A: You must listen to them and not just shut them down. Work with them. Many people with irrational thoughts, or believe in conspiracy theories, may not want to go near a psychiatrist. But there's also the patients in the psychiatric ward who believe COVID doesn't exist and there's government plots. Like any other delusional material, we work with this by talking to these patients and using medication as appropriate.

Q: Do you support prescribing medication for those patients who continue to experience anxiety that is irrational?

A: Patients based in inpatient psychiatry are usually delusional. The medication we usually prescribe for these patients is antipsychotics. If it's an outpatient who's anxious about COVID, but has rational anxiety, we usually use antidepressants or antianxiety agents such as Zoloft, Paxil, or Lexapro.

Q: What other strategies can psychiatrists share with patients?

A: What I've seen throughout COVID is often an overwhelming sense of dread and inability to control the situation. I tell patients to do things they can control. You can go out and get exercise. Especially during the winter, I recommend that people take a walk and get some sunshine.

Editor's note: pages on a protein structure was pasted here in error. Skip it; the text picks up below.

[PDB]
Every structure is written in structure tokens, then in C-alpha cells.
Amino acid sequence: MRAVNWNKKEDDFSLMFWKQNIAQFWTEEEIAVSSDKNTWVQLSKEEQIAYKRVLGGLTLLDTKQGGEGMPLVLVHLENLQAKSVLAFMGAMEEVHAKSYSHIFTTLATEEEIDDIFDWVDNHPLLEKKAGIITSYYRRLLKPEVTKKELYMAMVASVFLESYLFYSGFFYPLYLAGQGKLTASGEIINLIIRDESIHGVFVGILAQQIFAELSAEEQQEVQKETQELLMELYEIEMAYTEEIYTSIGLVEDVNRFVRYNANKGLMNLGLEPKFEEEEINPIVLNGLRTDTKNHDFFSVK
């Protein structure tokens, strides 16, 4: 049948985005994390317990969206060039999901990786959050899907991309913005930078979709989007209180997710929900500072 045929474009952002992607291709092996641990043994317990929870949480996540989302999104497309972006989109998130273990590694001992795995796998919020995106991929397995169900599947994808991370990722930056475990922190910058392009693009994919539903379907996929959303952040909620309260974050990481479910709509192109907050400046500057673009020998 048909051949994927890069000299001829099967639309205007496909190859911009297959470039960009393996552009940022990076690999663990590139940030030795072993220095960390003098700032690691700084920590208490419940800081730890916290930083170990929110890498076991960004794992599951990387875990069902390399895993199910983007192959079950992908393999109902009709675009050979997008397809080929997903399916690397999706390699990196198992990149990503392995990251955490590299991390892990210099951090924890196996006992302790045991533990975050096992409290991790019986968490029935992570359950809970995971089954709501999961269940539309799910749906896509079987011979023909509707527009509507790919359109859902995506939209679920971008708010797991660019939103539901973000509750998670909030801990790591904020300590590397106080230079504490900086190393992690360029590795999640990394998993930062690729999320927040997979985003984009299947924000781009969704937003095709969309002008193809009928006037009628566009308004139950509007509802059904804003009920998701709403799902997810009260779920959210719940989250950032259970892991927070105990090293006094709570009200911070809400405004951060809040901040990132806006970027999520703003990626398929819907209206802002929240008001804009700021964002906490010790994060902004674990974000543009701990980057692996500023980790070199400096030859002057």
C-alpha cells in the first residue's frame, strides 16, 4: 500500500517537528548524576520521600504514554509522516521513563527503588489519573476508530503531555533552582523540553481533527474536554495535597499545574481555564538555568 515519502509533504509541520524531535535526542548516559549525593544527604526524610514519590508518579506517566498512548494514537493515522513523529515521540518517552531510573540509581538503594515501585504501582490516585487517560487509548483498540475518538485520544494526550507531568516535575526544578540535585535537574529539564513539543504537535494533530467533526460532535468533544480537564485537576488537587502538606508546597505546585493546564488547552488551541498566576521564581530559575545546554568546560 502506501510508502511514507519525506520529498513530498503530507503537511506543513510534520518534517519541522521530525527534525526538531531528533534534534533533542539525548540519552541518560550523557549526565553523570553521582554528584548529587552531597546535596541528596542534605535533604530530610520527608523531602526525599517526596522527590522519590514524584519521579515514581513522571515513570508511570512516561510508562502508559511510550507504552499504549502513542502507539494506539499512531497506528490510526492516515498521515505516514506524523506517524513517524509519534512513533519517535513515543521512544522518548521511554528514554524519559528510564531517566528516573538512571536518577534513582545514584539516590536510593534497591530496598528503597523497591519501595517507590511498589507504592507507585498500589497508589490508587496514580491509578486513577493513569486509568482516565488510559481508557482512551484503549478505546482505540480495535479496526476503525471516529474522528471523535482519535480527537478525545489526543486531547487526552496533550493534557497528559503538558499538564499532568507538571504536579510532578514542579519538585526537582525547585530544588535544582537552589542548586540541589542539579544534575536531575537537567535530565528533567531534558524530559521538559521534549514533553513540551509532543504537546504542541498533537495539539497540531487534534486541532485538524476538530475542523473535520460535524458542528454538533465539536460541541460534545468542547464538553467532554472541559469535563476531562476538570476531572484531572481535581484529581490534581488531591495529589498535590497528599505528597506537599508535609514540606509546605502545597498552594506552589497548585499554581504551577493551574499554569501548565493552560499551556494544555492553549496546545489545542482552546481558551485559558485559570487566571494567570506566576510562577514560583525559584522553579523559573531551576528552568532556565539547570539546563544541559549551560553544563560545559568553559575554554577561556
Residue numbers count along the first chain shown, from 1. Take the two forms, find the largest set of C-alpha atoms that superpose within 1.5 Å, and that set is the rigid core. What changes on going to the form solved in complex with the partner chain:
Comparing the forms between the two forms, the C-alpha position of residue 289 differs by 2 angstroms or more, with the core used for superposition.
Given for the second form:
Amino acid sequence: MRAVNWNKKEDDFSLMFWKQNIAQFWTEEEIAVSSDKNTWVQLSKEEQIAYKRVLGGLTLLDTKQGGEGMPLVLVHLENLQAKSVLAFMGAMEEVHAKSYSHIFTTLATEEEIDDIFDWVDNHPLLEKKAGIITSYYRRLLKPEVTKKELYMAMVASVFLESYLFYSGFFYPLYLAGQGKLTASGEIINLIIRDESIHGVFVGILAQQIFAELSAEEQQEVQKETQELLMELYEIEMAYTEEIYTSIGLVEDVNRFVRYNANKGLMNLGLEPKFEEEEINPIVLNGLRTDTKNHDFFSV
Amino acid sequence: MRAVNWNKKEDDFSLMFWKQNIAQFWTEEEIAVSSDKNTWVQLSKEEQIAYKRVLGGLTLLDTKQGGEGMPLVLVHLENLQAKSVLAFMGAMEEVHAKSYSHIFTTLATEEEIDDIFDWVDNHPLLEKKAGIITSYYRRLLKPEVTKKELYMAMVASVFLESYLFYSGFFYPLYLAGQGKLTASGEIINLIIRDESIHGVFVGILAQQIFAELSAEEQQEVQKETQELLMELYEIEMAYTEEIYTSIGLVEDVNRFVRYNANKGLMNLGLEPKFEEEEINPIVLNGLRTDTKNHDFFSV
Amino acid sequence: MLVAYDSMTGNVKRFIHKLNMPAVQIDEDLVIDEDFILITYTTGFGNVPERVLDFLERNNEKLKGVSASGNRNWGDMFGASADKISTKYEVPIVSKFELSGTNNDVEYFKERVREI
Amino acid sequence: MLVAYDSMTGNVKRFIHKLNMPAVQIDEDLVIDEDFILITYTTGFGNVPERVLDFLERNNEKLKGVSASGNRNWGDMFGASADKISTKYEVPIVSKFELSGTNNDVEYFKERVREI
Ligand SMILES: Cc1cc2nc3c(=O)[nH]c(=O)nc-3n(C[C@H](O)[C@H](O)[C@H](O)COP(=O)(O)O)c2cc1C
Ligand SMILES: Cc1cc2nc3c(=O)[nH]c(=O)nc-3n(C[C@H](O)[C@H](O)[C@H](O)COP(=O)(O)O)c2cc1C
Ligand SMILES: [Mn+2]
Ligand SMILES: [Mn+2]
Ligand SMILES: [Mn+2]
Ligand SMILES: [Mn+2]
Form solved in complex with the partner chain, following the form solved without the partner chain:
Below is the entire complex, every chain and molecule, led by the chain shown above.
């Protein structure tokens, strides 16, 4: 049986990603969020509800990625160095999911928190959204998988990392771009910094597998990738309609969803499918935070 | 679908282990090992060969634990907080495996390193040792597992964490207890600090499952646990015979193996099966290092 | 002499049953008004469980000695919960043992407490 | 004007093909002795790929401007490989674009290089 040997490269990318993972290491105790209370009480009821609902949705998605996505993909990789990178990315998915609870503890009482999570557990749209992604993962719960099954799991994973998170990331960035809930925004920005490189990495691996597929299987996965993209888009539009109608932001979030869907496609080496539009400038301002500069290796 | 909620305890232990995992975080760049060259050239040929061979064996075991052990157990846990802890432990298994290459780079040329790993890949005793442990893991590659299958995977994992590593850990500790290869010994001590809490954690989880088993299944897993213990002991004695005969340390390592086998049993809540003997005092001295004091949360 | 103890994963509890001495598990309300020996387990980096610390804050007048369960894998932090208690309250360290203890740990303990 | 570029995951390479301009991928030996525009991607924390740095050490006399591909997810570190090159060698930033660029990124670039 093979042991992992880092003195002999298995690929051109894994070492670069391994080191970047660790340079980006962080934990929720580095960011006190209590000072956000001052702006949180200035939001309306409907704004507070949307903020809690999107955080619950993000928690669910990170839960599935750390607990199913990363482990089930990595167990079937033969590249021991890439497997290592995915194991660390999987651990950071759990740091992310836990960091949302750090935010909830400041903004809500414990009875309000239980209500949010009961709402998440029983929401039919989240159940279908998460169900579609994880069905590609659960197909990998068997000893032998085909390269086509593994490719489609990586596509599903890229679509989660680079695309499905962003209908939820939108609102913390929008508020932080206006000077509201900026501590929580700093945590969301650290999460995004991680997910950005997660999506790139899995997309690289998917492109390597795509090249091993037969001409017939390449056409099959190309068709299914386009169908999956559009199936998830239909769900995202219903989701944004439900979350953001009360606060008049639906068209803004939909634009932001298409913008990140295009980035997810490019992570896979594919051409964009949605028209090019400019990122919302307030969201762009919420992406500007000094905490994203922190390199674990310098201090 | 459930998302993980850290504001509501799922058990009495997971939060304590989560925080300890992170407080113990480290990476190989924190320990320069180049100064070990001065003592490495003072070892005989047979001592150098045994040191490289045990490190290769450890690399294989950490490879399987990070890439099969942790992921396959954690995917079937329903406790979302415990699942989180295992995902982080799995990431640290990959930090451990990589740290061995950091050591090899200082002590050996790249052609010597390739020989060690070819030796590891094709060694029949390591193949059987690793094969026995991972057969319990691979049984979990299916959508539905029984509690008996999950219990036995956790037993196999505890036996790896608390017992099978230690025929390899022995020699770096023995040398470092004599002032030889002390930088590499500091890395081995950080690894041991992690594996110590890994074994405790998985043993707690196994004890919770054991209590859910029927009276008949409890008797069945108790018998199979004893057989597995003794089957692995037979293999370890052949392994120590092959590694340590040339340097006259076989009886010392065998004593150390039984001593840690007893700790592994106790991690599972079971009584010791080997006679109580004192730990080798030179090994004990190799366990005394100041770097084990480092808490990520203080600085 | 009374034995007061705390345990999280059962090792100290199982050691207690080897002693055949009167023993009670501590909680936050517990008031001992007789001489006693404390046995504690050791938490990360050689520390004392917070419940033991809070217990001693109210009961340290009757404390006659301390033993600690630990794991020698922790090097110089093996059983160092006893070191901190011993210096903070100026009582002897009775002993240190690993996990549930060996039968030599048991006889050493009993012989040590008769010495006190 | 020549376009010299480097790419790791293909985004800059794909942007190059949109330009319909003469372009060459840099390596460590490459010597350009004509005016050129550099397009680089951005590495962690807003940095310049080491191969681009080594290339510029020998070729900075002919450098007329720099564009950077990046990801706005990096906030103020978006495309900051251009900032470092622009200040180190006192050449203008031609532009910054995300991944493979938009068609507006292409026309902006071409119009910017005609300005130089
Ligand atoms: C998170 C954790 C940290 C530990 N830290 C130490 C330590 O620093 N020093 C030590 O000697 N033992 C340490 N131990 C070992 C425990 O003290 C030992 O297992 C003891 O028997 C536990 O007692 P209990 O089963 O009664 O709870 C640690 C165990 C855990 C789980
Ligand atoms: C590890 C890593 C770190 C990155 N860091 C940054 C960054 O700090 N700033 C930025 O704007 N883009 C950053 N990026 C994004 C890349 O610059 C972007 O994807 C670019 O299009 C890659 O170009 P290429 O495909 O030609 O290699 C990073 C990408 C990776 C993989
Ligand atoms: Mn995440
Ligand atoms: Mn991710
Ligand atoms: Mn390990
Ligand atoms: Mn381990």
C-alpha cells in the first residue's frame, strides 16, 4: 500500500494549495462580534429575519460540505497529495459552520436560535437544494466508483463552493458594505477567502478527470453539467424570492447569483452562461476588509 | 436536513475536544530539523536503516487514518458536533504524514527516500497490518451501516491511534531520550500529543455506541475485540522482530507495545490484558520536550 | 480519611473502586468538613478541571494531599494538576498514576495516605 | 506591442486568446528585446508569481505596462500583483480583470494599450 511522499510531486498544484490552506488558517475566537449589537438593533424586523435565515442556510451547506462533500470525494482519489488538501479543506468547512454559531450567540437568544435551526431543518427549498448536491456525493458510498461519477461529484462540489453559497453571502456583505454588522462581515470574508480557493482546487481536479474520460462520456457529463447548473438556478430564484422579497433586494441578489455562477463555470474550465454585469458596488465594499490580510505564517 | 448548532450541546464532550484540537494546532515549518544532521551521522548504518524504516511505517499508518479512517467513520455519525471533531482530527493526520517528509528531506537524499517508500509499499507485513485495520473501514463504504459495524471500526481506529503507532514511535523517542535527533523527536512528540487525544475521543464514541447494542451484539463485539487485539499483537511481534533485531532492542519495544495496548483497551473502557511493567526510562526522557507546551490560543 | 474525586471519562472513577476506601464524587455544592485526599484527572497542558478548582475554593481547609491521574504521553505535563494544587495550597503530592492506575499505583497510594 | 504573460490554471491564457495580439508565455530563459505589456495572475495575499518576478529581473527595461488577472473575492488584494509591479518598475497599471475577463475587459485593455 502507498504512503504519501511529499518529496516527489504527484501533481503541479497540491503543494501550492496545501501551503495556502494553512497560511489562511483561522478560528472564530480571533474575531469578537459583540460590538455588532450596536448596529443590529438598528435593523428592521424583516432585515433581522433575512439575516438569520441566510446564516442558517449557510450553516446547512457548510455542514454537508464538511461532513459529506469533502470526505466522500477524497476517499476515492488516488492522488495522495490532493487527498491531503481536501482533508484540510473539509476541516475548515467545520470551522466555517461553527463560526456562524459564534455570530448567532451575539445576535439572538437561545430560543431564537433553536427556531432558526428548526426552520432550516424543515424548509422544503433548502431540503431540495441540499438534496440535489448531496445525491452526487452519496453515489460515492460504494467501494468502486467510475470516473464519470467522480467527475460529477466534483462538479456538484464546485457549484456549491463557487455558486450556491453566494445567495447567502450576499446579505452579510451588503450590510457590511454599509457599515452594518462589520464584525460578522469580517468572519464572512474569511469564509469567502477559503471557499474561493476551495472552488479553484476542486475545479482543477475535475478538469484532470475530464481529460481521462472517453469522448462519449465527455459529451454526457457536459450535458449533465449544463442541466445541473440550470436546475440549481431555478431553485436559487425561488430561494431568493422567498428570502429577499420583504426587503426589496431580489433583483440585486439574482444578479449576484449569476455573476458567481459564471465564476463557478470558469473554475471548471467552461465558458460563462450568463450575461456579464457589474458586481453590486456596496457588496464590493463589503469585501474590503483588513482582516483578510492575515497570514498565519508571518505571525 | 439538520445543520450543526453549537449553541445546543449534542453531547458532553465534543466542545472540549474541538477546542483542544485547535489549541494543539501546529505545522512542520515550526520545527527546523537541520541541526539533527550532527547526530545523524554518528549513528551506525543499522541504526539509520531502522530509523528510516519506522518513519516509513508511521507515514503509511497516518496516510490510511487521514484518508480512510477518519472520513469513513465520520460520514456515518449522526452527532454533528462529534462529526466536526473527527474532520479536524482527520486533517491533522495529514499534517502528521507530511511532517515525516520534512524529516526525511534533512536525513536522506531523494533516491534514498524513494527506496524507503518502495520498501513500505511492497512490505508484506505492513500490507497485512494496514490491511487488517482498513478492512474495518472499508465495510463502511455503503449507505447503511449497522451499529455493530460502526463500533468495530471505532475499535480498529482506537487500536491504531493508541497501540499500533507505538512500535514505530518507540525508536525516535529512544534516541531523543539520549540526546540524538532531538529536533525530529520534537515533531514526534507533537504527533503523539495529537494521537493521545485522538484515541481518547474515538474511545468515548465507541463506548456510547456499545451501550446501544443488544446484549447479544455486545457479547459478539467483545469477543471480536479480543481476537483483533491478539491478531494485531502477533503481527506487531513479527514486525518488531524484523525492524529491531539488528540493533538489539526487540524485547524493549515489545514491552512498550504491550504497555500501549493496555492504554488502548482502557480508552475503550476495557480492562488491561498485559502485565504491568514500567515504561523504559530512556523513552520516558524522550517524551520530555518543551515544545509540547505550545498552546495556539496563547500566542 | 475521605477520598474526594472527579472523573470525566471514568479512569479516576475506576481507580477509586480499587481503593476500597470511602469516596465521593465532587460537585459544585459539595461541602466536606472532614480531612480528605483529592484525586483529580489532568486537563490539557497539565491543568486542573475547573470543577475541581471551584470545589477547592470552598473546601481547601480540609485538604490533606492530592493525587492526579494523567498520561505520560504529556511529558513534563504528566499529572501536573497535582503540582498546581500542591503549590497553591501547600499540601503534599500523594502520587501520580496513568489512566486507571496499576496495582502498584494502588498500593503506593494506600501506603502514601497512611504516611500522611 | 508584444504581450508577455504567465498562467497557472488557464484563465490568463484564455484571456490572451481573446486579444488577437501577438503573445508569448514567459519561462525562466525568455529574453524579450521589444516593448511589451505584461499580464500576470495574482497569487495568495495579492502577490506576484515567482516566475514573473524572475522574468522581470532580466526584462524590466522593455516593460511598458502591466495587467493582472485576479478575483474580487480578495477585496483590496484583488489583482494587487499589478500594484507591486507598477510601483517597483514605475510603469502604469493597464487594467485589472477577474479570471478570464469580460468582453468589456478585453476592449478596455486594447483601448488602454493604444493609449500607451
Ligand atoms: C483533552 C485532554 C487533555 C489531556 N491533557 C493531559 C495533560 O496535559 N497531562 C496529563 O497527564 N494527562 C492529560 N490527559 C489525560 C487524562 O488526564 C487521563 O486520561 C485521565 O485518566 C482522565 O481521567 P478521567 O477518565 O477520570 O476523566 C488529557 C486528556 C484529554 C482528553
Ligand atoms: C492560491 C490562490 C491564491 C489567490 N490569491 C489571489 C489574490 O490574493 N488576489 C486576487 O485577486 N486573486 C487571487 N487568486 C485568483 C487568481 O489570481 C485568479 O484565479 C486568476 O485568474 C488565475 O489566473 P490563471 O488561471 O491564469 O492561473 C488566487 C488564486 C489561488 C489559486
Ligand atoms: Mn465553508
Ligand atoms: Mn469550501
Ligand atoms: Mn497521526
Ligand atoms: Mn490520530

It also helps with anxiety to reach out and help someone else. Is there a neighbor you're concerned about? By and large, this is something many communities have done well. The challenge is we've been avoiding each other physically for a long time. So, some of the standard ways of helping each other out, like volunteering at a food bank, have been a little problematic. But there are ways to have minimal people on staff to reduce exposure.

One thing I recommend with any type of anxiety is to learn how to control your breathing. Take breaths through the nose several times a day and teach yourself how to slow down. Another thing that helps many people is contact with animals – especially horses, dogs, and cats. You may not be able to adopt an animal, but you could work at a rescue shelter or other facilities. People can benefit from the nonverbal cues of an animal. A friend of mine got a shelter cat. It sleeps with her and licks her when she feels anxious.

Meditation and yoga are also useful. This is not for everyone, but it's a way to turn down the level of "buzz" or anxiety. Don't overdo it on caffeine or other things that increase anxiety. I would stay away from illicit drugs, as they increase anxiety.